Each parent is responsible for providing his or her child’s financial needs. If your child is not receiving support from the other parent or you believe that support needs to increase, Kaufman Steinberg’s child support attorneys can help. If you’re not the custodial parent and feel the child support you’re required to pay is beyond your means, we may be able to help you too. There are state guidelines spelling out how much a parent should pay, and guideline support is presumed to be correct. However, parties can agree to a different support amount, and sometimes courts order a different amount of support depending upon specific factors provided by California law.
Though both parents have an obligation to pay child support, payment cannot be enforced by a court until there’s a support order in place. Either parent can request a judge to create a child support order as part of:
- Divorce, legal separation or annulment (for married parents or those in a registered domestic partnership);
- A Petition to Establish Parental Relationship (for unmarried parents);
- A domestic violence restraining order (whether the parents are married or not); or
- A Petition for Custody and Support of Minor Children (when there is a voluntary Declaration of Paternity or the parents are married and don’t want legal separation or a divorce).
California uses a formula (a "guideline") to determine how much child support each parent should pay. If the parties can’t agree on the support amounts, a judge will decide the right amount based on the guideline. The guideline calculation is based on many factors, including, but not limited to:
- How much the parents earn or are capable of earning;
- How much other income each parent receives;
- How many children the parties share;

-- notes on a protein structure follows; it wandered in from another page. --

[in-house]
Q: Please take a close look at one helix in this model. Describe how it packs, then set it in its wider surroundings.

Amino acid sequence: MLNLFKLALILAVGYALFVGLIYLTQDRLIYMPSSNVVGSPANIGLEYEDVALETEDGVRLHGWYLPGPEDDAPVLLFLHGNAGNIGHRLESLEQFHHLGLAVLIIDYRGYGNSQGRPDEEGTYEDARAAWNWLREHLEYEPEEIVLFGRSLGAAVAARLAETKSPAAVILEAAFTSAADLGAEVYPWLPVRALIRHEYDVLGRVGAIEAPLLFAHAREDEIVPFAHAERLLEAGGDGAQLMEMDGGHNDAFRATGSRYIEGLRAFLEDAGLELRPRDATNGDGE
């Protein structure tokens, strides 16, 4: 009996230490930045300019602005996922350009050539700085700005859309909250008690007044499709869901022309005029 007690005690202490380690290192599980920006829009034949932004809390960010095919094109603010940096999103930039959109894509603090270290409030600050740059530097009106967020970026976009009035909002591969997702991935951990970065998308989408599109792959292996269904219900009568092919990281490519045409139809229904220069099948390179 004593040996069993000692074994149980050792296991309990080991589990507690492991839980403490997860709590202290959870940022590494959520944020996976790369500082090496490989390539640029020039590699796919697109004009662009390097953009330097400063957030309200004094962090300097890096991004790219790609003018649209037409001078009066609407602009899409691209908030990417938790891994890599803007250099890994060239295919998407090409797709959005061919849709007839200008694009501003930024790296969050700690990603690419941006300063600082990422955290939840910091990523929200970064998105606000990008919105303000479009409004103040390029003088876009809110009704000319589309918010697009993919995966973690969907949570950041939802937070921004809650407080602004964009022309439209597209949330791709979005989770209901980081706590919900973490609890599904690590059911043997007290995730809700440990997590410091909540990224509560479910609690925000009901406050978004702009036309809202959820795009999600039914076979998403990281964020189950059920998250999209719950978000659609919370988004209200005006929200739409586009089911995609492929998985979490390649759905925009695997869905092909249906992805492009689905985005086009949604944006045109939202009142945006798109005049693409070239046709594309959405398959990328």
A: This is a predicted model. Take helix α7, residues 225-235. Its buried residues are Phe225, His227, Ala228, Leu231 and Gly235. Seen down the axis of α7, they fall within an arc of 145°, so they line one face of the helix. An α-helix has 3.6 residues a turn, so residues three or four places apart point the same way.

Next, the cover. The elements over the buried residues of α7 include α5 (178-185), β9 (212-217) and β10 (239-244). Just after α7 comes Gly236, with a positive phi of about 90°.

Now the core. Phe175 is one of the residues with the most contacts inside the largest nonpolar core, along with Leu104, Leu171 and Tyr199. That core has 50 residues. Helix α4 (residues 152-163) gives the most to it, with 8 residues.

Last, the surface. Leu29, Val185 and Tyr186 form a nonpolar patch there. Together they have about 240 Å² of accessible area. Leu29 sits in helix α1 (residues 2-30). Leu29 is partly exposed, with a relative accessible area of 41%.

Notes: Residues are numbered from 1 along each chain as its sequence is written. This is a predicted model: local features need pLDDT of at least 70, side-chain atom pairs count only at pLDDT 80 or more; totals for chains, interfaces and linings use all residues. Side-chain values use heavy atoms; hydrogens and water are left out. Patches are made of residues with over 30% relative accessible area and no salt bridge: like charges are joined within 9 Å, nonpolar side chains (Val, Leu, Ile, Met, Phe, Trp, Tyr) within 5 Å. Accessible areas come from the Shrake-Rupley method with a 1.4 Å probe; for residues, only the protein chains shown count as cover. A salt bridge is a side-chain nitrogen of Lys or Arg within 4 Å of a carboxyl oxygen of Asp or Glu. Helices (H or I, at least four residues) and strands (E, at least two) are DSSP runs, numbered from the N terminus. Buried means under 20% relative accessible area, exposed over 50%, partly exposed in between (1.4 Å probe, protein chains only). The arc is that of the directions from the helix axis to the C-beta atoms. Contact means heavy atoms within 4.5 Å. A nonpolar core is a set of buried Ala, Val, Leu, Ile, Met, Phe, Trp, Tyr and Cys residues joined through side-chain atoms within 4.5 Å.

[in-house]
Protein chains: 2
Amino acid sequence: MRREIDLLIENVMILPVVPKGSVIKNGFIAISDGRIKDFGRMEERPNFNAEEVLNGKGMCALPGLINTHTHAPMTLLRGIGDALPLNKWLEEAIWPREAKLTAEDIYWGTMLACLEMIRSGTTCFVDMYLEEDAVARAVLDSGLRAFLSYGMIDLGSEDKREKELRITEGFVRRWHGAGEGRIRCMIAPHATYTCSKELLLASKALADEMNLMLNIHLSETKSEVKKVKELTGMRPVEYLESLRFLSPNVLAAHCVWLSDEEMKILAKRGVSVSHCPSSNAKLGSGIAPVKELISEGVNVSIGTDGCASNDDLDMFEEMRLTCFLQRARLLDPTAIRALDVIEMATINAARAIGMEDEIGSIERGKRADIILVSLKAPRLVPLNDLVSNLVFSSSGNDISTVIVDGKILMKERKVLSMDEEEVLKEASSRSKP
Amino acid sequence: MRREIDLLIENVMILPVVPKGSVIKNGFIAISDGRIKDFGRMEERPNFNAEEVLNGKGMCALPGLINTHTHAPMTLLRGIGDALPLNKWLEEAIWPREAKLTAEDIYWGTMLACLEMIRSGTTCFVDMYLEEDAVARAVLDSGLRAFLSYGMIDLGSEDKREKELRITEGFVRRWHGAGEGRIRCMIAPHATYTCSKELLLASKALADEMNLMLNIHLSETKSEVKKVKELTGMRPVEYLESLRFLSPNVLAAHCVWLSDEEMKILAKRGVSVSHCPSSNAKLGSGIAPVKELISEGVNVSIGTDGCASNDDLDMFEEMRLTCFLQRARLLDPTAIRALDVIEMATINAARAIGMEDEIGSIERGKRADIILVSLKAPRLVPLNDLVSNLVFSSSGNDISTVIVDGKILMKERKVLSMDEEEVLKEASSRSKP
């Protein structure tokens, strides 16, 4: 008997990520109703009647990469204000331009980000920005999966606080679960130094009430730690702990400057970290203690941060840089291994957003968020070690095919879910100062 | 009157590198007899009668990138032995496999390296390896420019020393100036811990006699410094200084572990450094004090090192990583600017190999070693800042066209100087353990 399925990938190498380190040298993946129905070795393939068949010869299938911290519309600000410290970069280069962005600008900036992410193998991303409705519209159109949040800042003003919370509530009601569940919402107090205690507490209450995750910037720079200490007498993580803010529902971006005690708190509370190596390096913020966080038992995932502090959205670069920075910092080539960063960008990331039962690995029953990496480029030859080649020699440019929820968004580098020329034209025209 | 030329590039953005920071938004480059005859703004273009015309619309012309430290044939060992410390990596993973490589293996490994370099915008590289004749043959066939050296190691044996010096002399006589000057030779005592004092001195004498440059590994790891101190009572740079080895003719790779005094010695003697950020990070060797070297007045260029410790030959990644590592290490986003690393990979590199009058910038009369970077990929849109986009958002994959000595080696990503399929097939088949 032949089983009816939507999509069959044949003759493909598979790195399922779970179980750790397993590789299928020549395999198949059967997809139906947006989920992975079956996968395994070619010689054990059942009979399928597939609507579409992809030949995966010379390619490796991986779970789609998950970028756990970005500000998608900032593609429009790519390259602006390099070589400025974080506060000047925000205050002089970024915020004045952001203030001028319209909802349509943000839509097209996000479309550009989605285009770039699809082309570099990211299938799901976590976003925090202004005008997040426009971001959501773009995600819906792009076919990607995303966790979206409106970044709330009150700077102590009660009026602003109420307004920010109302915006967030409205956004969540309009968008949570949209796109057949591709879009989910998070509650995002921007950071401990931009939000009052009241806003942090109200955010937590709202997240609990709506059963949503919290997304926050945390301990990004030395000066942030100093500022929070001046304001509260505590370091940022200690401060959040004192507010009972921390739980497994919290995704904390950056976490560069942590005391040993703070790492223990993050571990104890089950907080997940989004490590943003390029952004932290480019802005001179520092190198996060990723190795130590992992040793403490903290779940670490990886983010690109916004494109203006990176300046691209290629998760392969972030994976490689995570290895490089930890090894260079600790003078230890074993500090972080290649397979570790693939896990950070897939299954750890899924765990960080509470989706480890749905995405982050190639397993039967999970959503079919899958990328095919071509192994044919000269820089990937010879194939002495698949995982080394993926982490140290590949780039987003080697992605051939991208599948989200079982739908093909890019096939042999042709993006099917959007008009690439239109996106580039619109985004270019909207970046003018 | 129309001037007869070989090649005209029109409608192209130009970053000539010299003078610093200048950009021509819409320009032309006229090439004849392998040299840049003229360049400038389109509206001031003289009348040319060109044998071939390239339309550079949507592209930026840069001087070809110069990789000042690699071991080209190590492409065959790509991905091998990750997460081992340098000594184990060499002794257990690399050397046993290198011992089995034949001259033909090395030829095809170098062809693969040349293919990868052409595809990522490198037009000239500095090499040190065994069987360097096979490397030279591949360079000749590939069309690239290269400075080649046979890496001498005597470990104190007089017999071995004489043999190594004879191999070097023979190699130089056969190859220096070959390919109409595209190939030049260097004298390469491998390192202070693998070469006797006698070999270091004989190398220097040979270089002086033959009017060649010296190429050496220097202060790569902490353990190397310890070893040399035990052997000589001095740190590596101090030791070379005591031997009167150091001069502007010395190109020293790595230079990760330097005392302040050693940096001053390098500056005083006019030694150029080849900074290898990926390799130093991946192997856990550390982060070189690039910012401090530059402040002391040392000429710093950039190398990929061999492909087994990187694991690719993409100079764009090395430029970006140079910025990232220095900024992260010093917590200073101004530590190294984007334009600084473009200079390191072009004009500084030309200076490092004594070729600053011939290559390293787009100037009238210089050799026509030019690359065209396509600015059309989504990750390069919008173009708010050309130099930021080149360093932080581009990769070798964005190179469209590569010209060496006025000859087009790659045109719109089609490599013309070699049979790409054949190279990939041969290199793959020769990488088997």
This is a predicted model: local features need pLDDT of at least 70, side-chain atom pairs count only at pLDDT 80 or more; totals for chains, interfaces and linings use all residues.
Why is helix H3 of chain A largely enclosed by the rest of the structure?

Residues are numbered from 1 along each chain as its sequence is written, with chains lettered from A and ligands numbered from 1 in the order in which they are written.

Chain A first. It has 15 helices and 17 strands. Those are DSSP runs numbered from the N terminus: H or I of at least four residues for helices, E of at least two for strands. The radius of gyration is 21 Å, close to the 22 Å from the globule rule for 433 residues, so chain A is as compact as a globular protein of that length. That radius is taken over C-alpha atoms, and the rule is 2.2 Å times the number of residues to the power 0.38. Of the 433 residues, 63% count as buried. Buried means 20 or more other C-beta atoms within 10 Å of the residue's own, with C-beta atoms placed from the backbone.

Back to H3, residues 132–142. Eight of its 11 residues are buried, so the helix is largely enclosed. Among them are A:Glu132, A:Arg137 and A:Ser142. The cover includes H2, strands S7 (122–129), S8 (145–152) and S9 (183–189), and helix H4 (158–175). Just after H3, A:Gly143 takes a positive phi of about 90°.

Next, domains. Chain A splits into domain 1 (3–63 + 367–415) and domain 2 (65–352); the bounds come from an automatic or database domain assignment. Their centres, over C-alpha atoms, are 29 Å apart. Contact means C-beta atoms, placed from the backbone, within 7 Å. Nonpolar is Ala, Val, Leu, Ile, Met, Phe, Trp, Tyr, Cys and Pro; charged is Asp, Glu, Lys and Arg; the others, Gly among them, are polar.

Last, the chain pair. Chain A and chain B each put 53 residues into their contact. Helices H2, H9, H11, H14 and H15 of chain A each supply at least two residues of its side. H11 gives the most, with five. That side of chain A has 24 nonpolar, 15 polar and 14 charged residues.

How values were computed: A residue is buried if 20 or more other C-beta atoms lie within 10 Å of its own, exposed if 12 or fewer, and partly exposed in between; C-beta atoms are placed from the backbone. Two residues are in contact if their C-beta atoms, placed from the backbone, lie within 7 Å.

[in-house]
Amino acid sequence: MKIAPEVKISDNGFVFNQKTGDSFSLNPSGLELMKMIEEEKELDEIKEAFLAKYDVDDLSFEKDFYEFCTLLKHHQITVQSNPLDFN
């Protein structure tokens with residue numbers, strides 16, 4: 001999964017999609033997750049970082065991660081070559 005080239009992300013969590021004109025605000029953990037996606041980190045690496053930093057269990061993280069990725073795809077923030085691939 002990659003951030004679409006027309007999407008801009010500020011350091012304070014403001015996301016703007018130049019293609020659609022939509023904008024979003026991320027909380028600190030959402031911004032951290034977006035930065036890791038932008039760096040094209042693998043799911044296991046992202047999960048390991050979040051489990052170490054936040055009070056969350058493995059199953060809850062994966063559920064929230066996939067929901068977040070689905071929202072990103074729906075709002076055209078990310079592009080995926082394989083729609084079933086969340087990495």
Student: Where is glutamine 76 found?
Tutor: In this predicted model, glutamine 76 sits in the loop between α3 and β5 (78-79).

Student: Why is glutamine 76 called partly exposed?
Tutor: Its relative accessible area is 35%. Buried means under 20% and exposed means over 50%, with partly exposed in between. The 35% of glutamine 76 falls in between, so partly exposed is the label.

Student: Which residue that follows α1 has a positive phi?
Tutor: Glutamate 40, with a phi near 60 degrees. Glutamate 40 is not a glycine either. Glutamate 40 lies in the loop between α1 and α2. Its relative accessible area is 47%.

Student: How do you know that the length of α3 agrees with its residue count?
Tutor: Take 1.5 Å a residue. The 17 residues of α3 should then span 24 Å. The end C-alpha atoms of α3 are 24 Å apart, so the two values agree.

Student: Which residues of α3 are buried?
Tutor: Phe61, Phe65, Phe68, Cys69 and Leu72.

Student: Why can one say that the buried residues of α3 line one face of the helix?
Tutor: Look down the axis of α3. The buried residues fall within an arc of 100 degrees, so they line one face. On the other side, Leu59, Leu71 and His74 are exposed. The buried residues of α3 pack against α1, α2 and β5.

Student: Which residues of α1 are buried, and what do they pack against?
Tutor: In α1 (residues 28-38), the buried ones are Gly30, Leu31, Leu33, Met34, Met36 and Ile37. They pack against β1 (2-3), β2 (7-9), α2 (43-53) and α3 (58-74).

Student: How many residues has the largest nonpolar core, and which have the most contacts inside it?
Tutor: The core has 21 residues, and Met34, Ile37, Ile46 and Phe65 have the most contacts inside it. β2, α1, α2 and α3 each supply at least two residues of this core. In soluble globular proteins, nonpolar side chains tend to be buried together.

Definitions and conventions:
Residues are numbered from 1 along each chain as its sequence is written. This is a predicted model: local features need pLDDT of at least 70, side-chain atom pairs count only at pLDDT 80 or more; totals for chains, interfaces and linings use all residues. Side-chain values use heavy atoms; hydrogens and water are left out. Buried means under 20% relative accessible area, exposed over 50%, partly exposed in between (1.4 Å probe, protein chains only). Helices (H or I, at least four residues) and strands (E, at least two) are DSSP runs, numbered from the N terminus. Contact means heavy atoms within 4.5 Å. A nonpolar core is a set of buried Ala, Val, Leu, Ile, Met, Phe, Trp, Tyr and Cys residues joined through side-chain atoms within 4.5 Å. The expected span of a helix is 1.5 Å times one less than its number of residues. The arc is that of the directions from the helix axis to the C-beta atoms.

- How much time each spends with the child (known as time share);
- Each parent’s tax filing status;
- How much support is paid for children from other relationships;
- Health insurance costs;
- Union dues;
- Mandatory retirement contributions;
- Voluntary 401k contributions;
- The cost of daycare and uninsured health-care costs; and
- Other factors.
A child support order can also require the parties to share the costs for:
- Child care so one parent can work or obtain training or schooling to develop or improve work skills;
- A child’s reasonable health care premium and uninsured costs;
- Traveling costs for visitation from one parent to another;
- A child’s educational needs; and
- Other special needs.
The guideline amount is presumed to be correct but a different order could be made in very limited situations. Child support payments are normally ordered until the child turns 18 (or 19 if the child is in high school full time, living at home and cannot support him or herself), and is proportional per child.
The court will determine time share (the time each parent spends with the child) by comparing the time that each parent has primary physical responsibility for the child. Generally, the court will count the number of hours or other portions of the day each parent spends with the child. Usually support payments decrease as time share increases, but that can depend upon other factors as well.
Either parent can request the court change the amount of child support. This usually happens when there’s a significant change in:
- His or her income;
- Tax filing status; or
- The amount of time that each parent spends with the child.
If such a request is made, a judge will make the decision based on current circumstances (mainly both parents' income and time-share with the child). Child support payments could increase or decrease. In some circumstances, if a party is self-employed or receives perquisites through his/her employer, a forensic accountant may be useful to assess a true and accurate cash flow available for support. This is common where one spouse believes the other spouse is “hiding money,” is unfamiliar with the other spouse’s income, or receives employment benefits.
If you have questions or concerns about a current child support order, or one that may be put in place in the future, contact the child support attorneys at Kaufman Steinberg today so you can talk to us about your situation, child support laws and how they might apply to you and your child.